Why Being a Socially Conscious Consumer Is Good for the World

You’ve probably heard stories of destitute workers, including young children, earning meager wages while working in deplorable conditions. Governments in their respective countries may be unstable, with minimal enforcement of labor or environmental laws.

These workers are left vulnerable to exploitation by unscrupulous foreign employers looking to cut production expenses by paying lower wages and avoiding the environmental regulations that these companies face in their home countries.

Unfavorable and downright unethical business practices take many other forms too. For example, opening fake customer bank accounts, discriminating against certain races or genders in the hiring process and using harmful ingredients.

But fortunately, no matter what issues you care about most, you can impact them meaningfully through your spending power. “Money talks” is not a meaningless cliché. Where you put your dollars, or whatever your currency is, matters!

Withholding your money from companies whose business practices you don’t support is a direct cut to their sales, and ultimately to their bottom line. And while our individual decisions are powerful, Jamie challenges us to encourage our peers too. Think about how we can multiply the impact when others follow our lead!

How to Be a Socially Conscious Consumer

Inevitably you’re thinking, “Okay that sounds nice. But products that come from ‘socially conscious’ companies are way more expensive.” In some cases, that may be true. But Jamie says oftentimes it’s simply a matter of analyzing price vs. value.

Think about those $100 name-brand shoes you bought. Did the manufacturing company pay workers fair wages? Were the shoes sourced from sustainable materials? If not, look into shoes that are manufactured with social good in mind. The price actually may be similar to your name-brand shoes. In one case you’re paying for the brand name and in the other you’re paying to support vulnerable communities and the conservation of the earth.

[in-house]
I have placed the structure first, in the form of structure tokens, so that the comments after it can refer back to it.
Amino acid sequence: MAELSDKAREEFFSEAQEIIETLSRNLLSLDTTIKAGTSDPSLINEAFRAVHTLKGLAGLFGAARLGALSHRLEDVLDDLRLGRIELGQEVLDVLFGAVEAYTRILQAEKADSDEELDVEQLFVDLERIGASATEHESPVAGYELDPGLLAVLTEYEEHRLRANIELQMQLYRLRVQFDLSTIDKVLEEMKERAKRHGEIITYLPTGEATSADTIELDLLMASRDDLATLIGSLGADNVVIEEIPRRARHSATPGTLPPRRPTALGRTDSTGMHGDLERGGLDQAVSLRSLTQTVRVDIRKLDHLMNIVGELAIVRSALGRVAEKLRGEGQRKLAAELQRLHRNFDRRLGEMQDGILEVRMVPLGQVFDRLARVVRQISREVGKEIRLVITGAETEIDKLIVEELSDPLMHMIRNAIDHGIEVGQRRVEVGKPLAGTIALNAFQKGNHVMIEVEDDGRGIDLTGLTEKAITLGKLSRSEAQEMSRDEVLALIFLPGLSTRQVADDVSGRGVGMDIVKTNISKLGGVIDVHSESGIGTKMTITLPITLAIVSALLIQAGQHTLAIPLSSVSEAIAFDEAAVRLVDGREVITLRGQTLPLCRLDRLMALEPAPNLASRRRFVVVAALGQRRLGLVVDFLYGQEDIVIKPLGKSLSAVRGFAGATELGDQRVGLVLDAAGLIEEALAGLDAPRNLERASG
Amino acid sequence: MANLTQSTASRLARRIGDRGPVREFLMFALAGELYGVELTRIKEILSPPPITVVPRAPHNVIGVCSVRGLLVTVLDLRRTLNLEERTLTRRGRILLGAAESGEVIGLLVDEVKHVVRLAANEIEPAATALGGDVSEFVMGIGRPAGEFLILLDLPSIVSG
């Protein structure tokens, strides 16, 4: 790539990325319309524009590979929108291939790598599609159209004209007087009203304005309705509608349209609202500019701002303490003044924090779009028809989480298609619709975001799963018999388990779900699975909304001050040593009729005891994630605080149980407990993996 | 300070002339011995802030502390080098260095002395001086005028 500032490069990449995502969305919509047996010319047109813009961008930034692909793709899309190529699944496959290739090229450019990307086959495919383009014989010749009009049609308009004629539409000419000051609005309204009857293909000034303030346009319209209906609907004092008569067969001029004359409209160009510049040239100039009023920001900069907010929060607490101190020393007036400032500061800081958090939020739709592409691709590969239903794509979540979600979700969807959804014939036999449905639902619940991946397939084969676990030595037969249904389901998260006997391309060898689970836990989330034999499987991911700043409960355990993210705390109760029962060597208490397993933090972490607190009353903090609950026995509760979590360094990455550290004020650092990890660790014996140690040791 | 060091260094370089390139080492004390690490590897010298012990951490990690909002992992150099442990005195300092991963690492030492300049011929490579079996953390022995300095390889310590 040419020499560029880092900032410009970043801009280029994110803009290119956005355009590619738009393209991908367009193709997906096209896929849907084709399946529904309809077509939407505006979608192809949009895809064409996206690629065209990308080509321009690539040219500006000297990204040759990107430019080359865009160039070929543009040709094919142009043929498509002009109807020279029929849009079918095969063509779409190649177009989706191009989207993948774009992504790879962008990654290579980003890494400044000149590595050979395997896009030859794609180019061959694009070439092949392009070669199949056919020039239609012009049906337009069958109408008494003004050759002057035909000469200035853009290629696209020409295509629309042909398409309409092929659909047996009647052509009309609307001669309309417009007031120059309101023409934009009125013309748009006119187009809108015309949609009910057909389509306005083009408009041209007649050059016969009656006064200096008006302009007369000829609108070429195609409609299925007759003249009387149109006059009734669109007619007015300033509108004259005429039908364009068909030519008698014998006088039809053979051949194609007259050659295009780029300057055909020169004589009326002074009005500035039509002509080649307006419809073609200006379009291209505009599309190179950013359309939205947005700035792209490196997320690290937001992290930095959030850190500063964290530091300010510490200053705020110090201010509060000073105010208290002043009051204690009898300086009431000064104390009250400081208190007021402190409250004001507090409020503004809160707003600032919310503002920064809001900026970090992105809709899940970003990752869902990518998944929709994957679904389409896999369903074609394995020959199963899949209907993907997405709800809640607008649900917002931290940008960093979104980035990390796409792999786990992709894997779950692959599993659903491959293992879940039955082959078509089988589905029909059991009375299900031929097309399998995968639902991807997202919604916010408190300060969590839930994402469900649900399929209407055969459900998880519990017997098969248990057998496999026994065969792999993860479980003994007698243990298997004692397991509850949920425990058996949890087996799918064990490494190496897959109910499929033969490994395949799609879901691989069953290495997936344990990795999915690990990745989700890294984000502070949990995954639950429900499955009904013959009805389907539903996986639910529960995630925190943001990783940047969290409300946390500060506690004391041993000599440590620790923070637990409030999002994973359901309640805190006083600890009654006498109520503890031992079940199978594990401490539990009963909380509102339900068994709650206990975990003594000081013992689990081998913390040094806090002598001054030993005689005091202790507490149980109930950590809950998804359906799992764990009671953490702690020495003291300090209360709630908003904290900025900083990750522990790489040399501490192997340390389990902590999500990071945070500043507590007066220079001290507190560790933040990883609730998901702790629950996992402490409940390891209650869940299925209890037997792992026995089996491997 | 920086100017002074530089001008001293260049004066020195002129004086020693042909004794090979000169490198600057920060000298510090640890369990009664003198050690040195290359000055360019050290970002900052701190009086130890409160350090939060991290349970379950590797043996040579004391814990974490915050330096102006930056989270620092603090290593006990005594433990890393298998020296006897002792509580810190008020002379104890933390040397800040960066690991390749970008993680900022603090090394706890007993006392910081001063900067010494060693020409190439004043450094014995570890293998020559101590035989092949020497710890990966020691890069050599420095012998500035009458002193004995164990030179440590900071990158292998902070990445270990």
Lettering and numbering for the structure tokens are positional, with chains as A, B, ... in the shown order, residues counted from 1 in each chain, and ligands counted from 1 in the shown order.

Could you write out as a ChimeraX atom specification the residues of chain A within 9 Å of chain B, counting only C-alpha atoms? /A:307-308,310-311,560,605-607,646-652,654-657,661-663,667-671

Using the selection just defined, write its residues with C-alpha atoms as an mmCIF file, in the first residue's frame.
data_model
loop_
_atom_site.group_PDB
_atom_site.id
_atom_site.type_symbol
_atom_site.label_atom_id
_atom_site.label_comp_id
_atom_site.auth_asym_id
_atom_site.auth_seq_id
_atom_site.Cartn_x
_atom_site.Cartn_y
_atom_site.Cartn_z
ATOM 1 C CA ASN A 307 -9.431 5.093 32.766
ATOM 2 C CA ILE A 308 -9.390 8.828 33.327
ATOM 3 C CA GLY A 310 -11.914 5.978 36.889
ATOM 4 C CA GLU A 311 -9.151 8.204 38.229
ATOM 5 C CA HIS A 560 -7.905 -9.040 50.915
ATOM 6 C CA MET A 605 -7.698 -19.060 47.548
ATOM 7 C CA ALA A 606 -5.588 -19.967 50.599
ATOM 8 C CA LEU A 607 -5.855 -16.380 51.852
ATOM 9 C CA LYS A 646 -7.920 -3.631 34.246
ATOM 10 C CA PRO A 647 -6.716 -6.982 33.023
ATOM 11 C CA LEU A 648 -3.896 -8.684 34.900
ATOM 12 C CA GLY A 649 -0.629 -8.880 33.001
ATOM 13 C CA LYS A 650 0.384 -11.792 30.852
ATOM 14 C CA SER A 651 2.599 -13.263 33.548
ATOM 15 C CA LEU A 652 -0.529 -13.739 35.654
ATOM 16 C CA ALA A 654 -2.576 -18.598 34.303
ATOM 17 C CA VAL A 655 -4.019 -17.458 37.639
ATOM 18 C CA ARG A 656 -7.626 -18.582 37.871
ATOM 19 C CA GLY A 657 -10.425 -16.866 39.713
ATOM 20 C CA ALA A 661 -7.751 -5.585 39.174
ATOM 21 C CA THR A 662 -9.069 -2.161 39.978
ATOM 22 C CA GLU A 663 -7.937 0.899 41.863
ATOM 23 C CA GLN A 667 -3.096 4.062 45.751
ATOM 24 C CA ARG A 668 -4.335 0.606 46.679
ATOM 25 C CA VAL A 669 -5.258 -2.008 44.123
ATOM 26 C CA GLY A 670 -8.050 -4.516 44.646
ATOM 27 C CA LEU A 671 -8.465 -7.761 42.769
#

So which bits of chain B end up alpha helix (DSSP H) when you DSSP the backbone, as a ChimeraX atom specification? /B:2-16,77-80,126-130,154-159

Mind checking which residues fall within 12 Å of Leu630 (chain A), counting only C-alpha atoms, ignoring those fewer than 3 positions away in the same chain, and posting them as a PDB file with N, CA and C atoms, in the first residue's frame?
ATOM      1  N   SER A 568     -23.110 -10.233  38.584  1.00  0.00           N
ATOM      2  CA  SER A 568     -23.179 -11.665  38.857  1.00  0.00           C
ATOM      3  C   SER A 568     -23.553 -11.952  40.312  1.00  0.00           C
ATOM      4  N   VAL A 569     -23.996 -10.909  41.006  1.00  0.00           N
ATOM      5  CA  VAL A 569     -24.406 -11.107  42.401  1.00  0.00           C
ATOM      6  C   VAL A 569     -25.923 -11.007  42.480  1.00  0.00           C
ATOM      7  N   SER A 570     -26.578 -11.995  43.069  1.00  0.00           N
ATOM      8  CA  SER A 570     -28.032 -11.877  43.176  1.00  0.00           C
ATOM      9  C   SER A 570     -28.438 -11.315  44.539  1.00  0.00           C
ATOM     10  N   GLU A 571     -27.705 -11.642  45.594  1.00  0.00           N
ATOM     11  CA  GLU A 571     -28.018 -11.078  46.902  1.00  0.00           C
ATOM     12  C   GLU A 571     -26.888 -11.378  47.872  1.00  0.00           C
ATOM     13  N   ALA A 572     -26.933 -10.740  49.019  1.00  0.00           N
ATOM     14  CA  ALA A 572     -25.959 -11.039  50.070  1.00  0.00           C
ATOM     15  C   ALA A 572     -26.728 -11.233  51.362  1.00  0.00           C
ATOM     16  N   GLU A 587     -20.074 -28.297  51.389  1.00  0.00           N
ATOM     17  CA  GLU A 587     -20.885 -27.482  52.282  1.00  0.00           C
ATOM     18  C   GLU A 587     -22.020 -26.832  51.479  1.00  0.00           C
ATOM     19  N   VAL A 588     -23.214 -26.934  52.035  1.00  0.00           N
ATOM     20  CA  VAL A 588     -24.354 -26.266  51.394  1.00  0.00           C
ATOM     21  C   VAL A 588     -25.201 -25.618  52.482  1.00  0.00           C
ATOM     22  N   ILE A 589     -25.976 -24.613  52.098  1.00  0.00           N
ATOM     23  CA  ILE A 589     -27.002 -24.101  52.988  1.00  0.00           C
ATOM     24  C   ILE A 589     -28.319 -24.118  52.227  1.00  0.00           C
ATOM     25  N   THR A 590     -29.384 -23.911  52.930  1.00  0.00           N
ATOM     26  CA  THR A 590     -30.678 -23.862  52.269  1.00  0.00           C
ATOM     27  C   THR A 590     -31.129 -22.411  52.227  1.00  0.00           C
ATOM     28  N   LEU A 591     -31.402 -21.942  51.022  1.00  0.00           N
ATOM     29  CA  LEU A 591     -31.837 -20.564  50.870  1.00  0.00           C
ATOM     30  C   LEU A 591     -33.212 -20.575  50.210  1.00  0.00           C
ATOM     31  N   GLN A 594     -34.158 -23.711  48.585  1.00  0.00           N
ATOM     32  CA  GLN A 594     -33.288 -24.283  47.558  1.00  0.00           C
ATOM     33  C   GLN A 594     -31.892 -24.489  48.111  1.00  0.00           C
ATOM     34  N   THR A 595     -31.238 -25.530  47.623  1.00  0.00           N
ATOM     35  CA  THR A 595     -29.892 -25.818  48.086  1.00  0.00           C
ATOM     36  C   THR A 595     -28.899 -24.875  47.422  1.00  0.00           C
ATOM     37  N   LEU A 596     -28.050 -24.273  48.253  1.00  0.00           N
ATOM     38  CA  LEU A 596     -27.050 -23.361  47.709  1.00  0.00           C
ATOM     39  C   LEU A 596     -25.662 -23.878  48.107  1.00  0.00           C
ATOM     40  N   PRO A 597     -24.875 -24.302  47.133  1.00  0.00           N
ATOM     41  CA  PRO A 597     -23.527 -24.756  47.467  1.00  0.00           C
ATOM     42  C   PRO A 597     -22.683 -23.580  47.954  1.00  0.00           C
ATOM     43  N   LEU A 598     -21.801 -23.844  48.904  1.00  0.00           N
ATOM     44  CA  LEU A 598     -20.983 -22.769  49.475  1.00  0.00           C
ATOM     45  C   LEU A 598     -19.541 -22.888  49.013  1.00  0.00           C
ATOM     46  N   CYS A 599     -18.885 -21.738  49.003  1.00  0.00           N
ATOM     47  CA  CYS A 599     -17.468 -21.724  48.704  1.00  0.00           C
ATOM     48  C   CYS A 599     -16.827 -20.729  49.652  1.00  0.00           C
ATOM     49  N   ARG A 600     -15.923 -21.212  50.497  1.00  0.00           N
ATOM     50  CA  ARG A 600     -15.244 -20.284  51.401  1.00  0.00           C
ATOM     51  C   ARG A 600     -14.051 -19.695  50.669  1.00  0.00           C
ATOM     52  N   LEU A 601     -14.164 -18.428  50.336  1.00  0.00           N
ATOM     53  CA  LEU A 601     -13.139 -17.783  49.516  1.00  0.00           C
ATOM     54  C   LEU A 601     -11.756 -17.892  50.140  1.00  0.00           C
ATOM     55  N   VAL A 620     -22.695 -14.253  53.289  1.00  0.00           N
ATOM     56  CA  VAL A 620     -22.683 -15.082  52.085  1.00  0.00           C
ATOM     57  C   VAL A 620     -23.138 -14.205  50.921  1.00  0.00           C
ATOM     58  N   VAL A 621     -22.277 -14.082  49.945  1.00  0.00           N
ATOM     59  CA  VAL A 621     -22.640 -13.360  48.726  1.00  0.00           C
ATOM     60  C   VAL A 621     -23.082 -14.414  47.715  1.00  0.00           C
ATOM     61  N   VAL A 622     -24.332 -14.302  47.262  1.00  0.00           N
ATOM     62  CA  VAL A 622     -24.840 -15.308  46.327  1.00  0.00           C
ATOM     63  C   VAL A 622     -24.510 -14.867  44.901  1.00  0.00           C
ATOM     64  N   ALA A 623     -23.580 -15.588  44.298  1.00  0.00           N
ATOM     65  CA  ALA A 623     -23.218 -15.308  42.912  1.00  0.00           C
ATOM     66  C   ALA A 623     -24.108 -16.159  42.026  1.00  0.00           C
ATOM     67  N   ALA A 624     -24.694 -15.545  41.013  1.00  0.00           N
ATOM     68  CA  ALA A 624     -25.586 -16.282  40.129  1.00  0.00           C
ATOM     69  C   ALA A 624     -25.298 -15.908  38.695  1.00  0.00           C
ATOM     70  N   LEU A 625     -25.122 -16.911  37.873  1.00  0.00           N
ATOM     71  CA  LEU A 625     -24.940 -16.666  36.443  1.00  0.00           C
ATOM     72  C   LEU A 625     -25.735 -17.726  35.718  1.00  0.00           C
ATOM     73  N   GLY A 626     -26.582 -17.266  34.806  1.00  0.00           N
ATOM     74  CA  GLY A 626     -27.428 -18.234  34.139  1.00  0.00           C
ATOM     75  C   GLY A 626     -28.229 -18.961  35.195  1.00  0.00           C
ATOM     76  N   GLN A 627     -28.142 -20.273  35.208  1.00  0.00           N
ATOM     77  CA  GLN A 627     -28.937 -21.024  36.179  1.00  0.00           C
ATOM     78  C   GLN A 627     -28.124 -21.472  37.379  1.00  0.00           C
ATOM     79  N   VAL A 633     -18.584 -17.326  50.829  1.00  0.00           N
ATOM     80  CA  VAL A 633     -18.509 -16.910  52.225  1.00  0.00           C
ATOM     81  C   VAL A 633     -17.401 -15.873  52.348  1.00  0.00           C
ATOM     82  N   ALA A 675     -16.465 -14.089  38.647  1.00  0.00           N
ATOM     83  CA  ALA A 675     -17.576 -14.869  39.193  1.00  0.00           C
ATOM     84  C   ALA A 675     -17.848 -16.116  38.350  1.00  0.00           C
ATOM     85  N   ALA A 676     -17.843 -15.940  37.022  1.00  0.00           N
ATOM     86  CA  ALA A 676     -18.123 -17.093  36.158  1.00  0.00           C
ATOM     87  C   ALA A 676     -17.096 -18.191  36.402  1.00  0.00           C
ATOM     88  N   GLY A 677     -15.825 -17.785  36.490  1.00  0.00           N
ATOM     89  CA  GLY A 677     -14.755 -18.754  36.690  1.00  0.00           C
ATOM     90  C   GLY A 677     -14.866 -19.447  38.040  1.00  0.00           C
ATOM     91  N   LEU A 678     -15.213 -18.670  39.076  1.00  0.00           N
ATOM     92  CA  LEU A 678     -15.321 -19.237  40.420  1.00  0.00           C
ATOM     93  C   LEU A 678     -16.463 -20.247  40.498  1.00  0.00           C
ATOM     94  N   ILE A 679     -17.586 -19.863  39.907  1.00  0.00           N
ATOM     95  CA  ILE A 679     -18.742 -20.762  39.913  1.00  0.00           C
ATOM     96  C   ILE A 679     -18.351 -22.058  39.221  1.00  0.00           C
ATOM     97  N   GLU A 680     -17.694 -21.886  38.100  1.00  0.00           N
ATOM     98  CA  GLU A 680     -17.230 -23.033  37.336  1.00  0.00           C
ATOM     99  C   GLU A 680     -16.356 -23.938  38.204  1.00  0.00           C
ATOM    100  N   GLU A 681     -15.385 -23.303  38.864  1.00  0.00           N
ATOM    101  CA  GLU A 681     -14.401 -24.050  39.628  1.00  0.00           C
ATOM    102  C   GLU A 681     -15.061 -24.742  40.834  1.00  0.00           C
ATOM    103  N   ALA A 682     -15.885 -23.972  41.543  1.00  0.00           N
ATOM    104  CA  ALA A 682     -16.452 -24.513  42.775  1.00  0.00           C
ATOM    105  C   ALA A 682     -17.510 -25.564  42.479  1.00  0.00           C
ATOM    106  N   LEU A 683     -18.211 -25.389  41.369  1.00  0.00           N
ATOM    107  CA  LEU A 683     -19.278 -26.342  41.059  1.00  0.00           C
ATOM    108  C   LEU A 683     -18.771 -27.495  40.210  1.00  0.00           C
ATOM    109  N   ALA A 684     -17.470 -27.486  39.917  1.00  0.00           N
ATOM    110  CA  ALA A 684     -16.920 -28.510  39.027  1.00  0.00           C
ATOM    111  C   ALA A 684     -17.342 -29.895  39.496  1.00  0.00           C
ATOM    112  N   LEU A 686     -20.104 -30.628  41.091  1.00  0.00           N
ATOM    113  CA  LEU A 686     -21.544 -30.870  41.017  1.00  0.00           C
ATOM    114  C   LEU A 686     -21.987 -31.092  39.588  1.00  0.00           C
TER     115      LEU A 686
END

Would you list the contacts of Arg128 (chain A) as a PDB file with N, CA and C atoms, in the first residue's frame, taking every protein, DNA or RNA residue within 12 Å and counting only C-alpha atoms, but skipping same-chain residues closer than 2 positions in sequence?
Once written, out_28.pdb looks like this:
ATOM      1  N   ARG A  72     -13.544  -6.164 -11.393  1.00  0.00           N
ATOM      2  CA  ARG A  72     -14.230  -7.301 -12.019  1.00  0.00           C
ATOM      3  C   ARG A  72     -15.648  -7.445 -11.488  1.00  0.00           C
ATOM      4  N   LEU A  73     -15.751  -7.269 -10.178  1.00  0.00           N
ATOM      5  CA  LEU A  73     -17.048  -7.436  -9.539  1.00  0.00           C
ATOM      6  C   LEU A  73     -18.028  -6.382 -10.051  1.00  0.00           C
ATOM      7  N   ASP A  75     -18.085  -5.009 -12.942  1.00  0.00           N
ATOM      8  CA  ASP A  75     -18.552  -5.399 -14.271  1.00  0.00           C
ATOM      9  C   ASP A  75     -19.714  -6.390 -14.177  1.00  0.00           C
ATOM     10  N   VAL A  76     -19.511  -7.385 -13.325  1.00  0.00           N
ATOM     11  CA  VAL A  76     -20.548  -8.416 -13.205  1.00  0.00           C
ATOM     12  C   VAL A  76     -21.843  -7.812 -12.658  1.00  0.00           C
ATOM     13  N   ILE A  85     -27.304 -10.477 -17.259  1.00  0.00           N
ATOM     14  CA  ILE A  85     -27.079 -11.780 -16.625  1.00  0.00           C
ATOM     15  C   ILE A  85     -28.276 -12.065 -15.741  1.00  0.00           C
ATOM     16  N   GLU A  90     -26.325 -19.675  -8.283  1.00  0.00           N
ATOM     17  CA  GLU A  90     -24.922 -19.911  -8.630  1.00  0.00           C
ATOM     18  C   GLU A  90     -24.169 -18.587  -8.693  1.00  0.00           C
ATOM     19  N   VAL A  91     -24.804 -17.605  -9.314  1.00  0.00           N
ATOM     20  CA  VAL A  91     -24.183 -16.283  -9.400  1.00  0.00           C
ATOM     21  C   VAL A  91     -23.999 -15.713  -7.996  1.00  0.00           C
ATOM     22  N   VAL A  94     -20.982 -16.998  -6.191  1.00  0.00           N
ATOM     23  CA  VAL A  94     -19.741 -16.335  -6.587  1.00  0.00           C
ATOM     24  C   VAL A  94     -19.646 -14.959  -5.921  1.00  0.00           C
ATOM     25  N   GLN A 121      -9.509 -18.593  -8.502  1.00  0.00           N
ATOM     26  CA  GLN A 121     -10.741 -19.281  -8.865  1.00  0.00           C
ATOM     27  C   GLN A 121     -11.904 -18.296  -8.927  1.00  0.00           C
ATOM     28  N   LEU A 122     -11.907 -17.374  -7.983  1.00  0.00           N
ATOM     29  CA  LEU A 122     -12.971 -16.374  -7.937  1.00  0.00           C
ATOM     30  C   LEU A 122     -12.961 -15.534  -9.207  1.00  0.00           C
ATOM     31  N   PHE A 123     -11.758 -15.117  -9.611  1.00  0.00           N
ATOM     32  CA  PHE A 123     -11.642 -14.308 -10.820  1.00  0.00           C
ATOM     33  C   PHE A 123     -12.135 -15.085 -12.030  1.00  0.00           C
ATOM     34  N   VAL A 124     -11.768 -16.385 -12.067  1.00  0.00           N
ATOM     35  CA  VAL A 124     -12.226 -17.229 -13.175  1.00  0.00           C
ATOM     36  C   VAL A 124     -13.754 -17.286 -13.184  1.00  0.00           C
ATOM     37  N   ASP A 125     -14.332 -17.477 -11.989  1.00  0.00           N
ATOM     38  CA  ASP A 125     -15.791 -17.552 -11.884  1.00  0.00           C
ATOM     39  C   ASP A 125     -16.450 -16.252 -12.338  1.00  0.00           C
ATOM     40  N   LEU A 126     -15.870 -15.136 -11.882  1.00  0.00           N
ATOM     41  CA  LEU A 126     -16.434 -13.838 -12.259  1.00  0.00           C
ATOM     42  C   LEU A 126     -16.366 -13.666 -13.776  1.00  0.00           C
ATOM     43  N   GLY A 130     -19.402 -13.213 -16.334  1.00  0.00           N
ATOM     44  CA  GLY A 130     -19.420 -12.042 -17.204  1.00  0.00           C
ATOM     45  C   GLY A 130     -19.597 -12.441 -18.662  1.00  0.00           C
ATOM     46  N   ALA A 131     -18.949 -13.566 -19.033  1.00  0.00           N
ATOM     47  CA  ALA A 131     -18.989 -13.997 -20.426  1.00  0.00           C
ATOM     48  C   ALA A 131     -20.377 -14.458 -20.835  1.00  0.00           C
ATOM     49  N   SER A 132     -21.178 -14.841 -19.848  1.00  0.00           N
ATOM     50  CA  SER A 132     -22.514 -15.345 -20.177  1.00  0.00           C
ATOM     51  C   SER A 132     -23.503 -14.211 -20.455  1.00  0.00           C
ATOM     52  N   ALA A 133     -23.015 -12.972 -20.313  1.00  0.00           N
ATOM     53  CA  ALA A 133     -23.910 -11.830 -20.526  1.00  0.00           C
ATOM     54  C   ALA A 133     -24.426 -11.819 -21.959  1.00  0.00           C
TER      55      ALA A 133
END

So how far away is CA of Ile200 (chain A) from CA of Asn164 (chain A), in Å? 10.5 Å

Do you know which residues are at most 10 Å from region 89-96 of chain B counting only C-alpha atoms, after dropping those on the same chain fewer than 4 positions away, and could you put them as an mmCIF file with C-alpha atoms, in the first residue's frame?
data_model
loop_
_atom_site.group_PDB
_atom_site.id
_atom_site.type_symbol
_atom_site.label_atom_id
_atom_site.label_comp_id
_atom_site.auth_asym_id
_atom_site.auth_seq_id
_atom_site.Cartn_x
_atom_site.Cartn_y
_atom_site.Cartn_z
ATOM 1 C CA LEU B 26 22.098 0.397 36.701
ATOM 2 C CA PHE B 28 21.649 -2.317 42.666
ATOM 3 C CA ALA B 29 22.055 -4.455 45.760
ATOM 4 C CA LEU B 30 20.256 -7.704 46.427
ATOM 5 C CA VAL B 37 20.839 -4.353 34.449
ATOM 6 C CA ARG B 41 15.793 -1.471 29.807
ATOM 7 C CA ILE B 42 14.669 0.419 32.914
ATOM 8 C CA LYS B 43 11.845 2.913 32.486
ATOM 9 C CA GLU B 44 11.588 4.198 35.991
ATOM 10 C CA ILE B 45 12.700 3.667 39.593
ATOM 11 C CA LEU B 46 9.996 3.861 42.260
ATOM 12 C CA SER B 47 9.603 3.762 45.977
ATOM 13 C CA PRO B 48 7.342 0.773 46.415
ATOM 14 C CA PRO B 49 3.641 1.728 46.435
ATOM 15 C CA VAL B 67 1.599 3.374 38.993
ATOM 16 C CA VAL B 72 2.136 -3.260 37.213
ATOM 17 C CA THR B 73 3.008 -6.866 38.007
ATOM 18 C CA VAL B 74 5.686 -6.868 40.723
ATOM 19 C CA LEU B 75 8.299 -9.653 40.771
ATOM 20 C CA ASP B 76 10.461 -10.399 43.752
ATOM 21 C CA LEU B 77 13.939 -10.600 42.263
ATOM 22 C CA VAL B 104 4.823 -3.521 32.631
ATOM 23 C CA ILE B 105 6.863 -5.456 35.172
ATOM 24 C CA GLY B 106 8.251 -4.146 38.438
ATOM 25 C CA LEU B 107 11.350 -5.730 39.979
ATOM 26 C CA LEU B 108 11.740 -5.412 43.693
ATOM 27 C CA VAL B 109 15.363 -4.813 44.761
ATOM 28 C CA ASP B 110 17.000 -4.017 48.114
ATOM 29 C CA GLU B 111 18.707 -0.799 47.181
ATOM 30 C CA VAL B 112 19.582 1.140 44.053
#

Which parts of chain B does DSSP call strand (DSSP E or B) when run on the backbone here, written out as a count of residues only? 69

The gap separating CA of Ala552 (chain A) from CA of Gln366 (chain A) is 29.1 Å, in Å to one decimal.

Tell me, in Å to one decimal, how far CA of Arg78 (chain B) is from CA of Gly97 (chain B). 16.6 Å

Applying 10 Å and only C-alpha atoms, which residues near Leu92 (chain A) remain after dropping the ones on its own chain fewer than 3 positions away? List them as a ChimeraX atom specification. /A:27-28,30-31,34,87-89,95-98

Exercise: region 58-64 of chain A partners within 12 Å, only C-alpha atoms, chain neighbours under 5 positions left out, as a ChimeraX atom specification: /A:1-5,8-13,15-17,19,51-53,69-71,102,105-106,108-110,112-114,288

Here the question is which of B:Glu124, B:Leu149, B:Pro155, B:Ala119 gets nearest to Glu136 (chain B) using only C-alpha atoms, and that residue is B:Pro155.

And it’s inspiring to see that more and more often, you can get the best of both worlds! Considering 91% of millennials say they’ll switch brands to benefit a cause they believe in, our consumer demands are forcing popular name-brand companies to modify their business practices.

If you’re more in the $30 shoe range though, then yes, some socially conscious products may be significantly more expensive. In those cases, look for quality second hand and consignment shops. If nothing else, you can help recycle items that otherwise might end up in a landfill.

Or DIY! For instance, grow your own herbs or make your own soap. You can source eco-friendly, organic (no chemicals) ingredients yourself at lower cost than buying these products in the store.

How to Find Socially Conscious Companies

Use the internet and social media hashtags to search for brands using terms like “triple bottom line,” “B corporation,” “social enterprise,” “social good,” “socially conscious,” “eco-friendly,” “fair trade,” “social impact,” “social responsibility” and “sustainability.”

You’ll quickly find lots of businesses doing amazing things to make a positive difference in the world, both locally and globally. And hopefully some are brands you already patronize!

But how can you tell if companies are for real? In whatever way they claim to contribute to social good—whether it’s intrinsic to their mission, through one-off campaigns, or through a corporate social responsibility arm—Jamie says it should be transparent, clear and specific on their website or social media.

Ask brands publicly on social media about their business practices and contribution to social good. (Don’t forget the power of social media to call out brands on their unethical practices too!). Also, ask friends and your social media network for socially conscious brand recommendations.